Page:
law. What he did I don't know. When it happened I was at the
convent, and he did not send for me until he had reached Amapala.
I never asked why we came, but were I to marry you, with your name
and your position, every one else would ask. And the scandal would
follow you; wherever you went it would follow; it would put an end
to your career."

His career, now that Monica urged it as her rival, seemed to
Everett particularly trivial.

"I don't know what your brother did either," he said. "His sins
are on his own head. They're not on yours, nor on mine. I don't
judge him; neither do I intend to let him spoil my happiness. Now
that I have found you I will never let you go."

Sadly Monica shook her head and smiled.

"When you leave here," she said, "for some new post, you won't
forget me, but you'll be grateful that I let you go alone; that I was
not a drag on you. When you go back to your great people and
your proud and beautiful princesses, all this will seem a strange
dream, and you will be glad you are awake--and free."

"The idea of marrying you, Monica," said Everett, "is not new. It did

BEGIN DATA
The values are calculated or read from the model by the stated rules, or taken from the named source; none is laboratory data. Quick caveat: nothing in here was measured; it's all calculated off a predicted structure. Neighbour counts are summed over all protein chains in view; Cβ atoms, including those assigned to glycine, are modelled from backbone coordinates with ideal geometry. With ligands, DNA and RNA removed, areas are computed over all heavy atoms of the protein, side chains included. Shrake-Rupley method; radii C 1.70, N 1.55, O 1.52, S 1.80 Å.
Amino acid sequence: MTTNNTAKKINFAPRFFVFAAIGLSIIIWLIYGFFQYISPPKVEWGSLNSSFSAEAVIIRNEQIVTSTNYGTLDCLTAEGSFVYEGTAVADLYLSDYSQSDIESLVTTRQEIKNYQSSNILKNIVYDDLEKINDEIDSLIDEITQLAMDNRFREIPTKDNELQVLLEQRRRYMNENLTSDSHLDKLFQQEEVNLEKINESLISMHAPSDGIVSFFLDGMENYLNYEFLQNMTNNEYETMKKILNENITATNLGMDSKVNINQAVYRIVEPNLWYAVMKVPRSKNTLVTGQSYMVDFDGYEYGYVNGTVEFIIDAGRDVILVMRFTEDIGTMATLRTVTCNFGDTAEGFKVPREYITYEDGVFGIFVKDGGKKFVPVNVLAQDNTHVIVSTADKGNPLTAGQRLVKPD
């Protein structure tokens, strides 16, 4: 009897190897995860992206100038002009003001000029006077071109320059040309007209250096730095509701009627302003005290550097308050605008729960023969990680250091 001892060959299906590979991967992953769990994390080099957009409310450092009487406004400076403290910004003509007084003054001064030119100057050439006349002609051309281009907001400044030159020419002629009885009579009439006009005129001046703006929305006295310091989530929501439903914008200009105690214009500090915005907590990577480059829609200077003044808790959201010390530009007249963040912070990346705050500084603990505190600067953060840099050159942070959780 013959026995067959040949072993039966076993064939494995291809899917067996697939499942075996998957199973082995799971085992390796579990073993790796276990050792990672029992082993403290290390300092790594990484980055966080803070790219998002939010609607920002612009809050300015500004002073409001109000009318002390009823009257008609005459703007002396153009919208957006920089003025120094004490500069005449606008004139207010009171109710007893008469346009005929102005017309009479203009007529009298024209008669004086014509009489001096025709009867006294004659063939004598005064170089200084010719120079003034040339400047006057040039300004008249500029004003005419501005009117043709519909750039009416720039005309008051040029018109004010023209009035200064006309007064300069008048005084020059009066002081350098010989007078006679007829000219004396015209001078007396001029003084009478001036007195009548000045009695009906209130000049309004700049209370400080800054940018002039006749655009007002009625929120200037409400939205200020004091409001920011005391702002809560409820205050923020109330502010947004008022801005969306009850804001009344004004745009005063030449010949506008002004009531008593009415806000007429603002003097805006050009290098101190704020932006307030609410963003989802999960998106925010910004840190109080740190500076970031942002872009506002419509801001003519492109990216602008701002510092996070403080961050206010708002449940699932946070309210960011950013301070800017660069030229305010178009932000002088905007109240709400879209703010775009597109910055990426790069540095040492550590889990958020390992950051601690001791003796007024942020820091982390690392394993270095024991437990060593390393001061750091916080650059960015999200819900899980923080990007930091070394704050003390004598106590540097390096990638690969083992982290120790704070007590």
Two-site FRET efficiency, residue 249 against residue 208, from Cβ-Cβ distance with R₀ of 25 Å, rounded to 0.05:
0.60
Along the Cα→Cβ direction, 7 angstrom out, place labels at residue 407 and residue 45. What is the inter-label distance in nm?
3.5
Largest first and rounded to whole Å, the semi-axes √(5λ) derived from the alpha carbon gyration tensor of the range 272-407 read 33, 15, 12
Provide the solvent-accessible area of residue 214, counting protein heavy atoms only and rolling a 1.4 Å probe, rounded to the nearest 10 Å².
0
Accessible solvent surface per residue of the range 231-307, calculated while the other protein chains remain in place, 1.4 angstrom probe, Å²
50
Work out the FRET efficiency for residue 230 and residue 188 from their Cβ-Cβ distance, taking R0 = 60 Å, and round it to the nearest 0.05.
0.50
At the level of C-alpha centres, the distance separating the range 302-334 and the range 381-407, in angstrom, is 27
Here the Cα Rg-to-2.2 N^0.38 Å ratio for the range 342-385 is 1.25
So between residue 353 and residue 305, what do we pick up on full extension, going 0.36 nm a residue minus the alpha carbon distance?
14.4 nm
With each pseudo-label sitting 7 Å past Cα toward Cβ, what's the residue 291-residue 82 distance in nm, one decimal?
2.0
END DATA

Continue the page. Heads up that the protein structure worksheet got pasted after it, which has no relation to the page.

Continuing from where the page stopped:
not occur to me only since we moved out here into the moonlight.
Since I first saw you I've thought of you, and only of you. I've
thought of you with me in every corner of the globe, as my wife,
my sweetheart, my partner, riding through jungles as we ride here,
sitting opposite me at our own table, putting the proud and beautiful
princesses at their ease. And in all places, at all moments, you make
all other women tawdry and absurd. And I don't think you are the
most wonderful person I ever met because I love you, but I love you
because you are the most wonderful person I ever met."

"I am young," said Monica, "but since I began to love you I am
very old. And I see clearly that it cannot be."